Pose is going out on a high.
Today at the nominations for the 2021 Emmy Awards, Pose racked up the nods. Mj Rodriguez made history when she picked up a nomination for Lead Actress. With it, she became the first out trans person ever nominated in a major category. The series itself also picked up a Best Drama Series nomination while the creator Steven Canals picked up a nod for Best Direction. But for the third and final season, Billy Porter also picked up a nomination.
Porter made history in 2019 when he became the first Black, out actor to win an acting Emmy. This was for the first season of Pose. He was also nominated for the second season.
In the third season of the show, Pray Tell, who is battling HIV begins a fight with alcohol addiction. As the prognosis for his HIV worsens, he begins to make plans for his death, even going back to his home town to make amends with his mother. This was episode four of the season, titled "Tame Me to Church," which Porter said he will likely submit to the Emmys as he faces off in the category against the other lead actor nominees.
"That's a conversation and dialogue I'm trying to have with my community and the Black church in particular," he told Entertainment Weekly of the episode. "It's something I have been talking about as a non-famous person for a very long time. It's not about disrespect. It's about holding our religious communities accountable for what they say. Actions speak louder than words. And the actions I'm receiving right now are not of God. They don't have anything to do with God.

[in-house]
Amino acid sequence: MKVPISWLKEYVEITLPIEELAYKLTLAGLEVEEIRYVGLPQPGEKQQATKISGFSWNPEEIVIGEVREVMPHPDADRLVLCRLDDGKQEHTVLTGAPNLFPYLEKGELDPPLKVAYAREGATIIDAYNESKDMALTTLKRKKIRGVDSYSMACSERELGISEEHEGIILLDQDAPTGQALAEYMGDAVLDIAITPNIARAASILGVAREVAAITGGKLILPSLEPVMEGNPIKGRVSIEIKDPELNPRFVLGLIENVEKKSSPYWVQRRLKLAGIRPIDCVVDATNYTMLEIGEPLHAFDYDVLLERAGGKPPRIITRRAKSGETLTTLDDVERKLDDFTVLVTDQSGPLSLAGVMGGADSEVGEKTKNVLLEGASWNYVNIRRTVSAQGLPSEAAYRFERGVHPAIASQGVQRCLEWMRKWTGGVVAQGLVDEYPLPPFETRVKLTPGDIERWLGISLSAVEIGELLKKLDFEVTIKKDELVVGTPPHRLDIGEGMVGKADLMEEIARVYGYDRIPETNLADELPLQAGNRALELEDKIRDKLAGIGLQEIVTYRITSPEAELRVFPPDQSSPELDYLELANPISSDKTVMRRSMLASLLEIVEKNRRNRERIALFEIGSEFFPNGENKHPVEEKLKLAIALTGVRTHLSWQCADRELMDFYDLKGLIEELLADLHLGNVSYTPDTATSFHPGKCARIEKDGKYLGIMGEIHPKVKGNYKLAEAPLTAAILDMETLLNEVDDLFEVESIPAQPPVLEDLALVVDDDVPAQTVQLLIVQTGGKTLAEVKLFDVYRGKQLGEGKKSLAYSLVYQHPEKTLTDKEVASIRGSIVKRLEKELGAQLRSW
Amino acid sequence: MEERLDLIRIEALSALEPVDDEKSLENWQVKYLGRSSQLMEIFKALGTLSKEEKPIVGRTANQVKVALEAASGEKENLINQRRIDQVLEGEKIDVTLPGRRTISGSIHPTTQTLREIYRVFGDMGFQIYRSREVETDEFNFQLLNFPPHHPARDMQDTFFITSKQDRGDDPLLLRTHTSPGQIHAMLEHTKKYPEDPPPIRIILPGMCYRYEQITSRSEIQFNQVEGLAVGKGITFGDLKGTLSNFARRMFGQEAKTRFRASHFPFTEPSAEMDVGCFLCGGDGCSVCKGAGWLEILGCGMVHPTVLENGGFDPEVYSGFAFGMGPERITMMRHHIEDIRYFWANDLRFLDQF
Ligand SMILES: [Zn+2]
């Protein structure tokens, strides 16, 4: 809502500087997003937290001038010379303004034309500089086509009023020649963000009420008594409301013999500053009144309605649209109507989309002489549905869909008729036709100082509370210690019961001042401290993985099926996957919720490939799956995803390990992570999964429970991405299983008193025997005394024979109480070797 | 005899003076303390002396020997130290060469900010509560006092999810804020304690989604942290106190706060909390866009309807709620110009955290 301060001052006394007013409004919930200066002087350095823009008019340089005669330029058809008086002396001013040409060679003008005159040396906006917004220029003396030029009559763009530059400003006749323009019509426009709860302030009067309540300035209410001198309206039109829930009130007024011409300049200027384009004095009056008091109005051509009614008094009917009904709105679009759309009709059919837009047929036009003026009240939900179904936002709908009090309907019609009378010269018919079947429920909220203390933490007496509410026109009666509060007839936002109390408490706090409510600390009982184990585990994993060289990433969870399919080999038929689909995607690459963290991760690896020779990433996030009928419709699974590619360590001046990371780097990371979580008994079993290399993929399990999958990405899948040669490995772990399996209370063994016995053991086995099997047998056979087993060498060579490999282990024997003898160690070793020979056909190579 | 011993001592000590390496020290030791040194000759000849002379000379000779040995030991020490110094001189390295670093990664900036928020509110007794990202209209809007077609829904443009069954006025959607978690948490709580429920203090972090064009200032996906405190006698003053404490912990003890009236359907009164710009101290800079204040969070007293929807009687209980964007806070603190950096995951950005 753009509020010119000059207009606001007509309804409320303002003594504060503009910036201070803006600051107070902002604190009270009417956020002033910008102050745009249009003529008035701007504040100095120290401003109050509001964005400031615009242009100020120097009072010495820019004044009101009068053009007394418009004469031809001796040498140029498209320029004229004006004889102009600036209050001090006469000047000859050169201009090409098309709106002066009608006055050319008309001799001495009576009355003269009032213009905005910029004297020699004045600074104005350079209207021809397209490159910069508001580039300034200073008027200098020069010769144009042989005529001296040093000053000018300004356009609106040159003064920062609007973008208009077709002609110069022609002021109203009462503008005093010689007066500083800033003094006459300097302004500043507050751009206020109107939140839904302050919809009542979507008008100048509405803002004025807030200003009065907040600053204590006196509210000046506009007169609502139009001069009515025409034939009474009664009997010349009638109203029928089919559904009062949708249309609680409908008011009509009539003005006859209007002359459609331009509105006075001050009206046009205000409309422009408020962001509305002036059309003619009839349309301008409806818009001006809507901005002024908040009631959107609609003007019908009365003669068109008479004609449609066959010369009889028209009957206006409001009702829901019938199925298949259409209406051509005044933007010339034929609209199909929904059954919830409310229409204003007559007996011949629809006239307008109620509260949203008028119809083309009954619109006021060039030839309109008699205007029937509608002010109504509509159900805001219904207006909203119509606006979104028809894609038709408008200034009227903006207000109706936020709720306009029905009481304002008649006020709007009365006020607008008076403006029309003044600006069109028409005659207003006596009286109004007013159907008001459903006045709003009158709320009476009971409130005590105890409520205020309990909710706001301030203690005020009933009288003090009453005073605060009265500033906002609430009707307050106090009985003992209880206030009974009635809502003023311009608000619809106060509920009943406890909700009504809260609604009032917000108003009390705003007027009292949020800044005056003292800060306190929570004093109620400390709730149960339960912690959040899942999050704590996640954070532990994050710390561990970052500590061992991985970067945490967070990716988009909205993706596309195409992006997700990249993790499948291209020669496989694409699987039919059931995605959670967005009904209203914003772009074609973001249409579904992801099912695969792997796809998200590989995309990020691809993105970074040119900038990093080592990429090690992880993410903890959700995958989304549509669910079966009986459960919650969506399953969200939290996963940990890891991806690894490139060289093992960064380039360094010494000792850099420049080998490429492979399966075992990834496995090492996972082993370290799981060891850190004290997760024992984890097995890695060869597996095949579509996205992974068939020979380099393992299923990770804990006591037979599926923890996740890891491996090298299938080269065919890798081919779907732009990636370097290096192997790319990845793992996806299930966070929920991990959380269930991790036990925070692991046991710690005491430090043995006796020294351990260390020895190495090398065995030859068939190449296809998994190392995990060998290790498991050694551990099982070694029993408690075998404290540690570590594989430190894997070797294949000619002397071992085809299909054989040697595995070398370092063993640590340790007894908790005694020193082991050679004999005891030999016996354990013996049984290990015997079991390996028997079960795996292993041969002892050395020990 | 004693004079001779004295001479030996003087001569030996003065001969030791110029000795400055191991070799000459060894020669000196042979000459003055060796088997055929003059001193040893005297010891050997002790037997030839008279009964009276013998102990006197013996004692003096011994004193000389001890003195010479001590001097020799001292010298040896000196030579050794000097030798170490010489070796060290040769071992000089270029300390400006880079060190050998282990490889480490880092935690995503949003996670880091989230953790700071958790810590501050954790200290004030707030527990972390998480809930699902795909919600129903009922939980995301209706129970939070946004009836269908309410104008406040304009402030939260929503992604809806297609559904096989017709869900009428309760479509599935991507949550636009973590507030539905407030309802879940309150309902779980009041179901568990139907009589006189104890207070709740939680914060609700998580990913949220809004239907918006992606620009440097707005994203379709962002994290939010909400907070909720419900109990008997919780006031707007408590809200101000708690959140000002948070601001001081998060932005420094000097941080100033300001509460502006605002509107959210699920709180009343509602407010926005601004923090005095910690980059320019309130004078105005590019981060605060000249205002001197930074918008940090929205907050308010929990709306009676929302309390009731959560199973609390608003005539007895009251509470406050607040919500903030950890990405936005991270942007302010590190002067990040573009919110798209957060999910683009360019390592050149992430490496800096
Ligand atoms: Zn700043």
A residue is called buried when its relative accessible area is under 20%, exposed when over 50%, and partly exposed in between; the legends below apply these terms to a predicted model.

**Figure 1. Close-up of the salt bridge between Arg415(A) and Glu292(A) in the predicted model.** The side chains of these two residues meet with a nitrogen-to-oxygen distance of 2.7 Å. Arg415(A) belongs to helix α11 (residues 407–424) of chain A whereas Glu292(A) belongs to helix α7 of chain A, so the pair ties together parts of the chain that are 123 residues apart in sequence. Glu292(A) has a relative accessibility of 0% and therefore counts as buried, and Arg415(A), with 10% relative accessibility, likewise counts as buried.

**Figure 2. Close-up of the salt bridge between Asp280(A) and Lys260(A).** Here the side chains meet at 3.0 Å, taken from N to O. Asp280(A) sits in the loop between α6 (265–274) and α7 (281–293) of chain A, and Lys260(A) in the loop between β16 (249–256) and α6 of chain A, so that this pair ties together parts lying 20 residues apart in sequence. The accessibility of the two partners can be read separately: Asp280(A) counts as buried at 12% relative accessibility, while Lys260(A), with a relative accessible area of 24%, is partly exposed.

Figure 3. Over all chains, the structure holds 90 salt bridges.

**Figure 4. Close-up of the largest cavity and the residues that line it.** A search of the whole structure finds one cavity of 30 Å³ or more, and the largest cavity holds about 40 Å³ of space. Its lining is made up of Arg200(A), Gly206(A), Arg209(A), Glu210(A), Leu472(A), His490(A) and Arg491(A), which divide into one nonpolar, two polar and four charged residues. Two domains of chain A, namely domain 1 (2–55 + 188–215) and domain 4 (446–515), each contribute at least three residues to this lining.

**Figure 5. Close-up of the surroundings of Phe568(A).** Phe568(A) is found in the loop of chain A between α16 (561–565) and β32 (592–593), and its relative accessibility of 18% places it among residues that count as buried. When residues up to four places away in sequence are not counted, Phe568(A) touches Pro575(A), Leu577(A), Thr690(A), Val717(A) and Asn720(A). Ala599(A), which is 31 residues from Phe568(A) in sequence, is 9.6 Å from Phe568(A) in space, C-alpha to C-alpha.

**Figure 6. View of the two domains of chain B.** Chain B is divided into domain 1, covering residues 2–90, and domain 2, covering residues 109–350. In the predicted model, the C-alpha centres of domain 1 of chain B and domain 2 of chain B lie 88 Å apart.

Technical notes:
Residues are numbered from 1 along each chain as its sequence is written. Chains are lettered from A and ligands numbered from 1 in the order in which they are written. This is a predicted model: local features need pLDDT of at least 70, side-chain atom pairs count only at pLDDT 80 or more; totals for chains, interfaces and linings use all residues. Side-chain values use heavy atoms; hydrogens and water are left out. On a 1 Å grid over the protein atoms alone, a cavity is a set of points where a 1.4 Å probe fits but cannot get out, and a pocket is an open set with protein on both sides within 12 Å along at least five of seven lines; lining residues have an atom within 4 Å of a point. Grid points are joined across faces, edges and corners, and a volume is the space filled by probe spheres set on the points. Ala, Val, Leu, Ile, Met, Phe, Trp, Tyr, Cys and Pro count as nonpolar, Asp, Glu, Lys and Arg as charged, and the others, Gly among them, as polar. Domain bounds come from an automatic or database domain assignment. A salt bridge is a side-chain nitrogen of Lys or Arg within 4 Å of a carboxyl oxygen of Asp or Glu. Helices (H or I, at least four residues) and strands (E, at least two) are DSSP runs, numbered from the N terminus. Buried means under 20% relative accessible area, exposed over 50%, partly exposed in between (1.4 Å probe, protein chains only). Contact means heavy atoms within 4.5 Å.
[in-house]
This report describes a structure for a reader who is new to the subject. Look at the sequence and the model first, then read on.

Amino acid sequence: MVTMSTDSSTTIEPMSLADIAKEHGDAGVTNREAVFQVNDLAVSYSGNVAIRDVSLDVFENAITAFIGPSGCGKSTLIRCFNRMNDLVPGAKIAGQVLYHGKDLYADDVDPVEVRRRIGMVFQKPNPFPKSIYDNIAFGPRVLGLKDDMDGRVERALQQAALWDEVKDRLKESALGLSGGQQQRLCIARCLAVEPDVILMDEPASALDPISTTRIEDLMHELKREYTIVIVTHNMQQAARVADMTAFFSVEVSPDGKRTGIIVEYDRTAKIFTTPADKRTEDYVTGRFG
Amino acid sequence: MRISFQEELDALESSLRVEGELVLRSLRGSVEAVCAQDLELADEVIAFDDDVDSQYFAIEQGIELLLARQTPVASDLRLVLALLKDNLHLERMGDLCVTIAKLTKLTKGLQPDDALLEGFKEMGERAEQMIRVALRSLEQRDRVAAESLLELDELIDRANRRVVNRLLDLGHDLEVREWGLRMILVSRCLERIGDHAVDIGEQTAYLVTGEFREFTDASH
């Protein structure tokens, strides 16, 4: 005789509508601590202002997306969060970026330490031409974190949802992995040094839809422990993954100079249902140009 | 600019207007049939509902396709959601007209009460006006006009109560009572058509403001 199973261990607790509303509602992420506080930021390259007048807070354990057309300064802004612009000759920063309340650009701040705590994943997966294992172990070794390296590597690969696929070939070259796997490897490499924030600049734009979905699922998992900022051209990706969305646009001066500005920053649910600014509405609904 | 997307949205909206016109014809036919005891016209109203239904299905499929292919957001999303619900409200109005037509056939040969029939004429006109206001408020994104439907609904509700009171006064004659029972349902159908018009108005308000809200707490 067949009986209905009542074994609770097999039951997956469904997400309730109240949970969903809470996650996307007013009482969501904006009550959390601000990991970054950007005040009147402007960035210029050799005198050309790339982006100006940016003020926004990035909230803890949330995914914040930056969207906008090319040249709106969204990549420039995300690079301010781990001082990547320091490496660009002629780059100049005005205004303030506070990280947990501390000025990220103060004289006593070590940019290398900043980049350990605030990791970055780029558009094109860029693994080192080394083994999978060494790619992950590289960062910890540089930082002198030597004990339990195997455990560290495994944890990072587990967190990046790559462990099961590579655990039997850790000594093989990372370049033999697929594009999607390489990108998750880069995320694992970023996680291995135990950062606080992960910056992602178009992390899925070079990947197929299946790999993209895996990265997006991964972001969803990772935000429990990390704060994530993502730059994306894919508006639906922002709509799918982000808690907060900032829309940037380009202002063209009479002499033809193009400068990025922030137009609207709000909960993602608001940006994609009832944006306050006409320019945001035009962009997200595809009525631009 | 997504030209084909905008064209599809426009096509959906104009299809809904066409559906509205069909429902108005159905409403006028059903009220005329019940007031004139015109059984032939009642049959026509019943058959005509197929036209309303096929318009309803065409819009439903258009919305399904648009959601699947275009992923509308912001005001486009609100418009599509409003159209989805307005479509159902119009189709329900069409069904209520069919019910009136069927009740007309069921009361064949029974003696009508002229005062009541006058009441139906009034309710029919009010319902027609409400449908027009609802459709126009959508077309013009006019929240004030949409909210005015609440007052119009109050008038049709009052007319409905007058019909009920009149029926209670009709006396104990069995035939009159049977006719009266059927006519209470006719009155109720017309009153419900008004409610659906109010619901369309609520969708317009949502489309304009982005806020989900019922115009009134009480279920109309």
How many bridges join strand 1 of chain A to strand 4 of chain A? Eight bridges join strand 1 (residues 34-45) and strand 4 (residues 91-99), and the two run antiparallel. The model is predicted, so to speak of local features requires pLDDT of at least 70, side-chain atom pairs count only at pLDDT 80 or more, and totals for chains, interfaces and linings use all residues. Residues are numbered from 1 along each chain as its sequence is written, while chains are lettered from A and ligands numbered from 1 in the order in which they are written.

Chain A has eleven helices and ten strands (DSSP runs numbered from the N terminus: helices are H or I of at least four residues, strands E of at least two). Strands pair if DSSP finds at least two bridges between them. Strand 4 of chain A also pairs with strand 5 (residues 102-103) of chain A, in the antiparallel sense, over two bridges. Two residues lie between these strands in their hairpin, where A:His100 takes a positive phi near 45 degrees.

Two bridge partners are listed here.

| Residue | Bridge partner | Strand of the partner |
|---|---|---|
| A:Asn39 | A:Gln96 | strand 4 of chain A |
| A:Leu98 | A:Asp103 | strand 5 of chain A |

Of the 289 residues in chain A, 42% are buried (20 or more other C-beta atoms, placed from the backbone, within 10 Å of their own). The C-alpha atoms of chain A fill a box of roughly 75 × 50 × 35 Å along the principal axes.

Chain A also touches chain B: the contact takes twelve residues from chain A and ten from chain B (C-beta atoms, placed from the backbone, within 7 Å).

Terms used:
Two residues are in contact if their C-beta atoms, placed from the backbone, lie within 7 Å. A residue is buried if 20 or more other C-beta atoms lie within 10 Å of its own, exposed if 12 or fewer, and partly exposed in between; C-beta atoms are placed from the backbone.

Please stop weaponizing the Bible to justify your hate. We must stop doing that. That's the conversation I'm trying to have. I think we succeeded with episode four by cracking that conversation open. It's one I want to continue to have in real time."
He went on telling the outlet that he knew from season one that Pray Tell would eventually die. But the timing struck him.
"What I find so profound about his journey is that Pray Tell missed the antiretroviral drugs by about a year," he said. "So many of my friends and colleagues missed the antiretroviral drugs that would have saved their lives. I can't even put words to how grateful I am to have been able, as an HIV-positive man, to get the antiretroviral drugs. They saved my life so that I can be here right now, doing what I'm doing. It's very profound and… moving to me."